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Ecotoxicological mechanisms and models in an impact analysis tool for oil spills
De Laender, F.; Olsen, G.H.; Frost, T.; Grøsvik, B.E.; Grung, M.; Hansen, B.H.; Hendriks, A.J.; Hjorth, M.; Janssen, C.R.; Klok, C.; Nordtug, T.; Smit, M.; Carroll, J.; Camus, L. (2011). Ecotoxicological mechanisms and models in an impact analysis tool for oil spills. J. Toxicol. Environ. Health. Part A 74(7-9): 605-619.
In: Journal of Toxicology and Environmental Health. Part A. Taylor & Francis: Washington, D.C.; London. ISSN 1528-7394; e-ISSN 1087-2620
Peer reviewed article  

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Authors  Top 
  • De Laender, F.
  • Olsen, G.H.
  • Frost, T.
  • Grøsvik, B.E.
  • Grung, M.
  • Hansen, B.H.
  • Hendriks, A.J.
  • Hjorth, M.
  • Janssen, C.R., more
  • Klok, C.
  • Nordtug, T.
  • Smit, M.
  • Carroll, J.
  • Camus, L.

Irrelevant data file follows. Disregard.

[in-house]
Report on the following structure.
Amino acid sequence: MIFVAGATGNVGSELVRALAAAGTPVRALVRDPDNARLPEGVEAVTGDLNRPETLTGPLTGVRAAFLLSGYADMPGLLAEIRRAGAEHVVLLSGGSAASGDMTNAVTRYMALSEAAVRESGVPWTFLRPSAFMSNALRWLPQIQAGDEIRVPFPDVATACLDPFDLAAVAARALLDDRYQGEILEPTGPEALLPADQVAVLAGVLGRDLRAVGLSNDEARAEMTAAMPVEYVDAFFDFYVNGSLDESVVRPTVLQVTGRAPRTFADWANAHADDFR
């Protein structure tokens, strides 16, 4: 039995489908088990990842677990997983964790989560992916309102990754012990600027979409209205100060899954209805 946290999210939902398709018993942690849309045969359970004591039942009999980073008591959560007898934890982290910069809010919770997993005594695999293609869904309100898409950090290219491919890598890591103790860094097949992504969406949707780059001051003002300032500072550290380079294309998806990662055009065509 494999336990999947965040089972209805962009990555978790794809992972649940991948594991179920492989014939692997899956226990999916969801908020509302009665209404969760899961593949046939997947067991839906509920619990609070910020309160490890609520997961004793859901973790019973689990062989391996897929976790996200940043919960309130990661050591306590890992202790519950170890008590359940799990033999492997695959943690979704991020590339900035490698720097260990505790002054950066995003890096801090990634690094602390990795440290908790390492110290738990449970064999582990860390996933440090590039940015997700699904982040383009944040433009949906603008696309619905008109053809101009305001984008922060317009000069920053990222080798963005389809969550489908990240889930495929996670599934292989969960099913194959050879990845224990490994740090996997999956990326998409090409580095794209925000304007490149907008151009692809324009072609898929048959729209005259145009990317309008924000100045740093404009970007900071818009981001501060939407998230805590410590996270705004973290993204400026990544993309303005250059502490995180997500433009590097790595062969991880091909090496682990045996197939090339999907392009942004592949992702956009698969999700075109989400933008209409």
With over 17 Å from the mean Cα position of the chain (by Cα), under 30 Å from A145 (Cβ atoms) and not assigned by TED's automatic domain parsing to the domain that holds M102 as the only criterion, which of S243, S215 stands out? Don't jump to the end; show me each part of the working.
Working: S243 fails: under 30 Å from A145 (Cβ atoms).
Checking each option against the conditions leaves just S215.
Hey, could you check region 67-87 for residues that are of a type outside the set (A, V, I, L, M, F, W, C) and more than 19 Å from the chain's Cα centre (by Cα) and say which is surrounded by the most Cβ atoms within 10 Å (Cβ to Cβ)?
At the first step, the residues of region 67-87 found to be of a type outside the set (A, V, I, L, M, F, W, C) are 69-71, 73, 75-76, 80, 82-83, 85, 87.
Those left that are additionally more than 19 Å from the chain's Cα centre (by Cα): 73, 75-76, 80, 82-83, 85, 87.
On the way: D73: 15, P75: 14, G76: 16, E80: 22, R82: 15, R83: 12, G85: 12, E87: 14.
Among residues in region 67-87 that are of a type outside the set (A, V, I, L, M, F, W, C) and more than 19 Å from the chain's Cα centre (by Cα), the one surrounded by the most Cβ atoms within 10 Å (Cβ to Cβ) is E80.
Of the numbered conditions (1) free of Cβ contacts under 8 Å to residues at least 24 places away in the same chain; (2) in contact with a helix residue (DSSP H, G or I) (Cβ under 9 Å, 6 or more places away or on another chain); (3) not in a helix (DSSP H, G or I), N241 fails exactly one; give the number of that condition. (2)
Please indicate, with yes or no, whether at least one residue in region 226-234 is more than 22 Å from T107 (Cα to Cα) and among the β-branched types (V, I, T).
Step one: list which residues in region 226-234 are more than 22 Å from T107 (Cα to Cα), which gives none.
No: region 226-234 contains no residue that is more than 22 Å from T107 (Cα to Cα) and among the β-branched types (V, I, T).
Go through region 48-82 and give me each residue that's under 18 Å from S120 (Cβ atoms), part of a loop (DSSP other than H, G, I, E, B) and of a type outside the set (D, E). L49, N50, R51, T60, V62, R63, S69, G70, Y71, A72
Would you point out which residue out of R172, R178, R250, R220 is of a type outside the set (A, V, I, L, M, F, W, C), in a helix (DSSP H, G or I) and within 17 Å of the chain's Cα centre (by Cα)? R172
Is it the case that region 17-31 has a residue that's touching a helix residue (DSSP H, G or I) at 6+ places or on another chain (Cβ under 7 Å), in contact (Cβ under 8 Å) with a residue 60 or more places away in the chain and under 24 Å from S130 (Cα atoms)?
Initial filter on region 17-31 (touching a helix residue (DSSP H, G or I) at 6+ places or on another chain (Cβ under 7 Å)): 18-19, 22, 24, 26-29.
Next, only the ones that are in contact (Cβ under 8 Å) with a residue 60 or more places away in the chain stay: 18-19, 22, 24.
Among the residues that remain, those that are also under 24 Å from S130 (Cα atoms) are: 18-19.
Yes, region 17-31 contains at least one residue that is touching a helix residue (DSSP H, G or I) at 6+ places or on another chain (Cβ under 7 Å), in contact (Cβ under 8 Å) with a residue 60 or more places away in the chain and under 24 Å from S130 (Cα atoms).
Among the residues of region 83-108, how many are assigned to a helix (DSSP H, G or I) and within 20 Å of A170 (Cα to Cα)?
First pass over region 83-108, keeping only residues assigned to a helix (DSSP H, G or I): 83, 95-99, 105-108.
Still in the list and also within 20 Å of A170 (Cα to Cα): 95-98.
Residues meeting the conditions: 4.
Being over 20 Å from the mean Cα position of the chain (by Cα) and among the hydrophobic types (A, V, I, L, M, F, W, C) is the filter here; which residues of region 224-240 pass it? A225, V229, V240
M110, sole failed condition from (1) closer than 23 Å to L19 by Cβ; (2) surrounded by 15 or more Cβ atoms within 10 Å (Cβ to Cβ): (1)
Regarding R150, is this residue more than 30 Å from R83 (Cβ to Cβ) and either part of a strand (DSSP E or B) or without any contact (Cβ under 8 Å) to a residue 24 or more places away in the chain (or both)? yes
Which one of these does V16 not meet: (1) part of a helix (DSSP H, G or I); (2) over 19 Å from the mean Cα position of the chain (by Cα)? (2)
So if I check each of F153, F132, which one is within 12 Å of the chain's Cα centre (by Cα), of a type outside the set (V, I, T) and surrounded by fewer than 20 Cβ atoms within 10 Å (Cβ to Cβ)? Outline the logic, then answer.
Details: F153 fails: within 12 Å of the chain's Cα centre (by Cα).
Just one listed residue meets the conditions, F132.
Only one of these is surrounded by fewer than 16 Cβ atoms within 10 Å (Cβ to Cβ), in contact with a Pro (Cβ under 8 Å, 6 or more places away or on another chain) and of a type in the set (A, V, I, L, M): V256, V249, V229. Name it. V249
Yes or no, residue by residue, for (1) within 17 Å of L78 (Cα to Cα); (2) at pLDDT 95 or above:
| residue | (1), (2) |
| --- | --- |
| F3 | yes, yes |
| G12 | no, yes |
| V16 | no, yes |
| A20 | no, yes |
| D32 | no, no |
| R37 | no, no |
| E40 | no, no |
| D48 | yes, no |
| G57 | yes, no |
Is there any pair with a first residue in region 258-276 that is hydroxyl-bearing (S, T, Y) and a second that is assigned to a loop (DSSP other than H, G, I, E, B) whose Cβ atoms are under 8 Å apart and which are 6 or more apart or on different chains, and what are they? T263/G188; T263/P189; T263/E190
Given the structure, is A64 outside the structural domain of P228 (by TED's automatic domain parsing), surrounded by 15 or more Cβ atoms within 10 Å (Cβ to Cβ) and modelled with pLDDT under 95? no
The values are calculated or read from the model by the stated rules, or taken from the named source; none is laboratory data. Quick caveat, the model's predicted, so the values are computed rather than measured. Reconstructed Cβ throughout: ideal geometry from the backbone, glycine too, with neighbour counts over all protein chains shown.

In an international collaborative effort, an impact analysis tool is being developed to predict the effect of accidental oil spills on recruitment and production of Atlantic cod (Gadus morhua) in the Barents Sea. The tool consisted of three coupled ecological models that describe (1) plankton biomass dynamics, (2) cod larvae growth, and (3) fish stock dynamics. The discussions from a series of workshops are presented in which variables and parameters of the first two ecological models were listed that may be affected by oil-related compounds. In addition, ecotoxicological algorithms are suggested that may be used to quantify such effects and what the challenges and opportunities are for algorithm parameterization. Based on model exercises described in the literature, survival and individual growth of cod larvae, survival and reproduction of zooplankton, and phytoplankton population growth are denoted as variables and parameters from the ecological models that might be affected in case of an oil spill. Because toxicity databases mostly (67%) contain data for freshwater species in temperate environments, parameterization of the ecotoxicological algorithms describing effects on these endpoints in the subarctic marine environment is not straightforward. Therefore, it is proposed that metadata analyses be used to estimate the sensitivity of subarctic marine species from available databases. To perform such analyses and reduce associated uncertainty and variability, mechanistic models of varying complexity, possibly aided by new experimental data, are proposed. Lastly, examples are given of how seasonality in ecosystems may influence chemical effects, in particular in the subarctic environment. Food availability and length of day were identified as important characteristics as these determine nutritional status and phototoxicity, respectively.

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